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Andrew Scholte

Scientist, Genzyme Corp.


Andrew Scholte, Ph.D. received his Bachelor of Science (First Class Honours) in Biochemistry from Simon Fraser University in 1999, where he studied under the supervision of Professor Andrew Bennet. The title of his honours thesis was Synthesis and Biological Activity Studies of 5-Thioglucopyranosyl Pyridinium Salts. In January of 2000, Andrew moved to the University of Alberta and completed his doctoral studies in the research laboratories of Professor John Vederas. His doctoral thesis concentrated on the investigations of the biosynthesis of isoprenoids. During his graduate studies, Dr. Scholte and fellow graduate students established the Banff Symposium on Organic Chemistry. In January of 2006, Andrew moved to Boston College to tenure his NSERC postdoctoral fellowship with Professor Marc Snapper.  There he developed new tandem ruthenium-catalyzed metathesis oxidation reactions.  In 2008, he accepted a position as a research scientist at Genzyme in the Drug and Biomaterial R&D division. In 2012, he was promoted to a Staff Scientist II where he is currently involved in the discovery of novel treatments for a variety of critical diseases.

In his spare time, Andrew is an avid runner and is a founding member of the Genzyme Running Team. Every year, Genzyme employees participate in the Boston Marathon raising awareness about Rare Diseases. Andrew also organizes a Canadian ex-patriot group in Boston which has over 800 members. Andrew enjoys connecting with fellow Canadians and through this group has been fortunate to meet the Canadian Ambassador to the US, Gary Doer, Governor General David Johnston, former deputy Prime Minister John Manley and Canadian Consulate General Patrick Binns.



Why did you choose to go to SFU?

After graduating from highschool in 1994, I decided to attend SFU because of the excellent reputation of their co-op education program. SFU also had an excellent reputation for teaching at the undergraduate level and was close to my family's home in Tsawwassen.

Where did you spend the most amount of time on campus?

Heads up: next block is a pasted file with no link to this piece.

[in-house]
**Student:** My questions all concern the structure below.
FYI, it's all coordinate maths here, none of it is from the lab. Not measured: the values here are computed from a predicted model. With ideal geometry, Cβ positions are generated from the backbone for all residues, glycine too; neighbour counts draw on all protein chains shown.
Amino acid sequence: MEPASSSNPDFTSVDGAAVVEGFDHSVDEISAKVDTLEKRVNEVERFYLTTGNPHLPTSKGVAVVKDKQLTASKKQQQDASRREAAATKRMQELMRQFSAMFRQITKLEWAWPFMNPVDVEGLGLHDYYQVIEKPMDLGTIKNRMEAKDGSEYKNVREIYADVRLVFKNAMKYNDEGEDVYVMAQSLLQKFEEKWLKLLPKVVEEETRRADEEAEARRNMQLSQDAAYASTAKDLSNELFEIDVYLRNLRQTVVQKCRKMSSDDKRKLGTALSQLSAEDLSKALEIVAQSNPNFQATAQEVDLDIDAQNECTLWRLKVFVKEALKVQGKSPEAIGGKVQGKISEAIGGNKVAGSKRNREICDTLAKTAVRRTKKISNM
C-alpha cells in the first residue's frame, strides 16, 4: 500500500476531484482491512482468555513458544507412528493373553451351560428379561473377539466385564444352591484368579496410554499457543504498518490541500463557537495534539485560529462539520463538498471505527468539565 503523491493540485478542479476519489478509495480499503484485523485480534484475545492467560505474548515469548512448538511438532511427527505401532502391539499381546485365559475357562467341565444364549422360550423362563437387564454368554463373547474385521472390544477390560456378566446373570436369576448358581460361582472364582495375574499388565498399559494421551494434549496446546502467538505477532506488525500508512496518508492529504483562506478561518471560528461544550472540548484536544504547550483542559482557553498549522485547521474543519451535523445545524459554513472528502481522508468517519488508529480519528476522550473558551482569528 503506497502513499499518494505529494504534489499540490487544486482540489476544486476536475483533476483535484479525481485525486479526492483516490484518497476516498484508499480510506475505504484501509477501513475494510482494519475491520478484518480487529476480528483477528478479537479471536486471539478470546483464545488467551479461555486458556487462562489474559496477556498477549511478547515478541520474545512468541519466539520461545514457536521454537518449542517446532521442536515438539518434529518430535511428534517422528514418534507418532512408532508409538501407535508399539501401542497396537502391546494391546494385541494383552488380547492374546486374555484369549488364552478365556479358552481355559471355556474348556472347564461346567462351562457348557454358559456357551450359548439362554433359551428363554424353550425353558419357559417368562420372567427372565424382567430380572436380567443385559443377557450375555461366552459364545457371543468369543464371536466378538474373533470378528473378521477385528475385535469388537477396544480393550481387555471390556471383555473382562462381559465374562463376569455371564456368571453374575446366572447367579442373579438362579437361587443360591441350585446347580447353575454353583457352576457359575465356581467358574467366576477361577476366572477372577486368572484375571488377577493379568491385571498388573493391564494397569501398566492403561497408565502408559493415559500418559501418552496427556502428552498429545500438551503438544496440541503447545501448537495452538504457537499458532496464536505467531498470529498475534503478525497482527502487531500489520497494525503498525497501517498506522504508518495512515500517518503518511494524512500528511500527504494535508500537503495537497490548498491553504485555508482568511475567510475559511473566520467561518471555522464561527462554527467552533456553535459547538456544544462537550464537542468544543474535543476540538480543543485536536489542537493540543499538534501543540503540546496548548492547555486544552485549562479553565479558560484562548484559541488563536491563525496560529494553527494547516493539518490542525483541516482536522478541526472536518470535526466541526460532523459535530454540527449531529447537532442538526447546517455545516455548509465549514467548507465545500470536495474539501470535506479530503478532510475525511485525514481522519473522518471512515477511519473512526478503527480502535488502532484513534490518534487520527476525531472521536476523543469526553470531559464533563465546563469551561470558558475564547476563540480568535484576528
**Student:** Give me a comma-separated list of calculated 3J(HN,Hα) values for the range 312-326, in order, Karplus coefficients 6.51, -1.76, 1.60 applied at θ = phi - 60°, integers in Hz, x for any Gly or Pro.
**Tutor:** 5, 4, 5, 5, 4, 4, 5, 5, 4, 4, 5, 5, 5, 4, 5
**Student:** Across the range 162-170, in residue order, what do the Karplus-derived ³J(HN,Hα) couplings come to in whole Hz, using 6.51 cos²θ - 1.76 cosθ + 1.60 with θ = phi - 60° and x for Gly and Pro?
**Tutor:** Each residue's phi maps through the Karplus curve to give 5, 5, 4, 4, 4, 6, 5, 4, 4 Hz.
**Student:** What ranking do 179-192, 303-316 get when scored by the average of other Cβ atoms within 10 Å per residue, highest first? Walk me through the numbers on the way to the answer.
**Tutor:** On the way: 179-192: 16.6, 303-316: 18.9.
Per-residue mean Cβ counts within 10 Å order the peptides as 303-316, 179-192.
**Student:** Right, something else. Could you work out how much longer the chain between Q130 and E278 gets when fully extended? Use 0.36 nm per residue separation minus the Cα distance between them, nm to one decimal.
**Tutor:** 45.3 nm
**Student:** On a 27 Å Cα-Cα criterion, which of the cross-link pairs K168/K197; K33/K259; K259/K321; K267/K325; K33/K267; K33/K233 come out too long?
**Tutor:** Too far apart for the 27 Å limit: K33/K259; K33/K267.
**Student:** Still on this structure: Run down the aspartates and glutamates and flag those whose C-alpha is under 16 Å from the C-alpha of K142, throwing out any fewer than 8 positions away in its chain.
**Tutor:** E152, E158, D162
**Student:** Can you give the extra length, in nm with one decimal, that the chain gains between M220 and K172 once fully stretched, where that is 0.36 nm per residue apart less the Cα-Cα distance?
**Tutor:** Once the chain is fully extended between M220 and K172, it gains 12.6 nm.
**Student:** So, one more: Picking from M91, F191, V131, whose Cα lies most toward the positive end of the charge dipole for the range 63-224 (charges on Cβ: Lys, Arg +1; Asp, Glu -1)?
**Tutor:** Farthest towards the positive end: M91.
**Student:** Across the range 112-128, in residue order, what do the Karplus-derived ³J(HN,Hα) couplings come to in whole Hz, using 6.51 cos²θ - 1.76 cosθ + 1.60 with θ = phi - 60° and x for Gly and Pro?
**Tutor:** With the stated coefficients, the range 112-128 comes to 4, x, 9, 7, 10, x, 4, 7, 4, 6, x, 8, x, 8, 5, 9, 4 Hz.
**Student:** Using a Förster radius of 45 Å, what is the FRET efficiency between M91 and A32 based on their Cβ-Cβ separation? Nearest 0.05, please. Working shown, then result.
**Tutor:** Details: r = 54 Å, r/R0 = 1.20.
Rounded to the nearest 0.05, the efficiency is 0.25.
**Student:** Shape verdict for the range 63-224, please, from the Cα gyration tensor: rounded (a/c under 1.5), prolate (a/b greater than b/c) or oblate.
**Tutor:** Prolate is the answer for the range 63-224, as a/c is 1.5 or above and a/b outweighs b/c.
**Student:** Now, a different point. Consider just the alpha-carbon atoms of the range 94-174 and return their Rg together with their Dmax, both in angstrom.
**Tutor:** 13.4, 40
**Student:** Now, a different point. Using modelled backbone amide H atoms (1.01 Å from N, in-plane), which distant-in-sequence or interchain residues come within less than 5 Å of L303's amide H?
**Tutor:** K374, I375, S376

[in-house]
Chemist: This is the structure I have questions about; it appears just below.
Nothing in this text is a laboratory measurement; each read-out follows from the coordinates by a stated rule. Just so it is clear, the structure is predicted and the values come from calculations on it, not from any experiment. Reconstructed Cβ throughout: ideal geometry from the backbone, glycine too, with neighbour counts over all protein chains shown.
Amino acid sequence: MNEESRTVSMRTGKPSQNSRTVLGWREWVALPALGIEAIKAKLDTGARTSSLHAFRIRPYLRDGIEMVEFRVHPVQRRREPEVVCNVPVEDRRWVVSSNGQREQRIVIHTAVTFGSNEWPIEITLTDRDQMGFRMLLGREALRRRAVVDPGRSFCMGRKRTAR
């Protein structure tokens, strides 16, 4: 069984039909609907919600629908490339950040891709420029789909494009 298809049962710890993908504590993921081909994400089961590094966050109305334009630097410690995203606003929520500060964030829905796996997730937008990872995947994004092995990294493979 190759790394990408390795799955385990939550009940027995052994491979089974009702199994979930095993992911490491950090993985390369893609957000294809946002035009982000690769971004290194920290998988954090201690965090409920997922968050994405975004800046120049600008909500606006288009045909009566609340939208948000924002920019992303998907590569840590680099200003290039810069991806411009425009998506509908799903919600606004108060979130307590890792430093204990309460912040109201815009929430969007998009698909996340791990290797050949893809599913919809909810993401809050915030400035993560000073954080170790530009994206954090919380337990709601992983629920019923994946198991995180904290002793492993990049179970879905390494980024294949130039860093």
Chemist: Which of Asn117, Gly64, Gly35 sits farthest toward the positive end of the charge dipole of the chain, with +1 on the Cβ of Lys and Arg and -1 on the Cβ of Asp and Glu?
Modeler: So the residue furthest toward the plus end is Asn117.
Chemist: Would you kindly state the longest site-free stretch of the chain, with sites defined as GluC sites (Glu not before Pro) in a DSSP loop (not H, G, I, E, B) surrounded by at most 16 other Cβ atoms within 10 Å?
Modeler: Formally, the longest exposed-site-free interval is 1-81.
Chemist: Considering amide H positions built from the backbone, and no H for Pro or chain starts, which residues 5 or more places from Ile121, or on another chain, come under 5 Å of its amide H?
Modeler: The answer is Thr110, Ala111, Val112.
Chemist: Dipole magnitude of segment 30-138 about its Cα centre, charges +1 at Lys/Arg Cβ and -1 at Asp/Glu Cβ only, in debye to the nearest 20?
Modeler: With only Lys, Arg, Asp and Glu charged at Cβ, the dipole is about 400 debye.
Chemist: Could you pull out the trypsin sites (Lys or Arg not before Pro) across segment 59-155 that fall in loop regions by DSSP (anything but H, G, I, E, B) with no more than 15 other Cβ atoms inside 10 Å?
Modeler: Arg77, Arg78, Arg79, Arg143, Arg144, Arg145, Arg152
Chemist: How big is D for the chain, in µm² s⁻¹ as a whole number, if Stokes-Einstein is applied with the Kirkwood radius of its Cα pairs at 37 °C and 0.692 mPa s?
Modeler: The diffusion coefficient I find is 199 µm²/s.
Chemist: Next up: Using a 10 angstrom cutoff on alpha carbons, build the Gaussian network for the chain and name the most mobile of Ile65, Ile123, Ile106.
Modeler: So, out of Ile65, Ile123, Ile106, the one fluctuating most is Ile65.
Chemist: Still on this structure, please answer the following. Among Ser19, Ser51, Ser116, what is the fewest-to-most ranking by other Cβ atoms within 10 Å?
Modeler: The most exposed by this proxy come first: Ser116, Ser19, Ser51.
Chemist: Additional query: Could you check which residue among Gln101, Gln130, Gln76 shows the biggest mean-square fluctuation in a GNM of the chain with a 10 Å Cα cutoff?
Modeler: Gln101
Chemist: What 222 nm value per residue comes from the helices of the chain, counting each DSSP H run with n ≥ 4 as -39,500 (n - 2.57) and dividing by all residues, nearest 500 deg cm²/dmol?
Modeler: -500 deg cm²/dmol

I spent most of my time at SFU in the South Sciences Building and in the Chemistry building.

What is your favourite memory from your time at SFU?

My favourite memory at SFU was attending and helping to organize the Matthew Good Band show in 1998.

Who was your favourite SFU professor and why?

My favourite professor was Theresa Kitos. She was my second year Biochemistry professor and I really connected with her teaching style. Through our connection I also had the opportunity to work with her husband, Andrew Bennett in the department of Chemistry for my honours thesis.

How has your SFU degree impacted your career?

My degree has been very instrumental in my career development. Through the co-op education program I was was exposed to performing scientific research at an early stage. In 1997, I moved to Edmonton for an eight month co-op job with Synphar laboratories where I was involved in discovering new antibiotic therapies, and was able to publish some of my work. With the success of this placement, I was able to continue my development as a scientist in the Bennett lab as well as in two additional placements at Merck Frostt in Montreal and at Merck and Co. in the US. In my opinion, the experiences that I received at SFU opened doors for me in my career development and without them I would not be a research scientist at a pharmaceutical company.

What is your favourite SFU snow story?

My favourite SFU story was when there was a freak snowstorm in the fall and they had to cancel classes. My biology Professor Tony Farrel went on to use this as an example in his class about why trees lose their leaves in the winter and its impact on survival.

If you could give advice to students today, what would you tell them?

My advice would be to take advantage of the many connections that you make during university.

What is the one thing about SFU that must not change?

One thing that SFU shouldn’t change is its priority of small classes through the tutorial system. I think this is a very effective teaching method.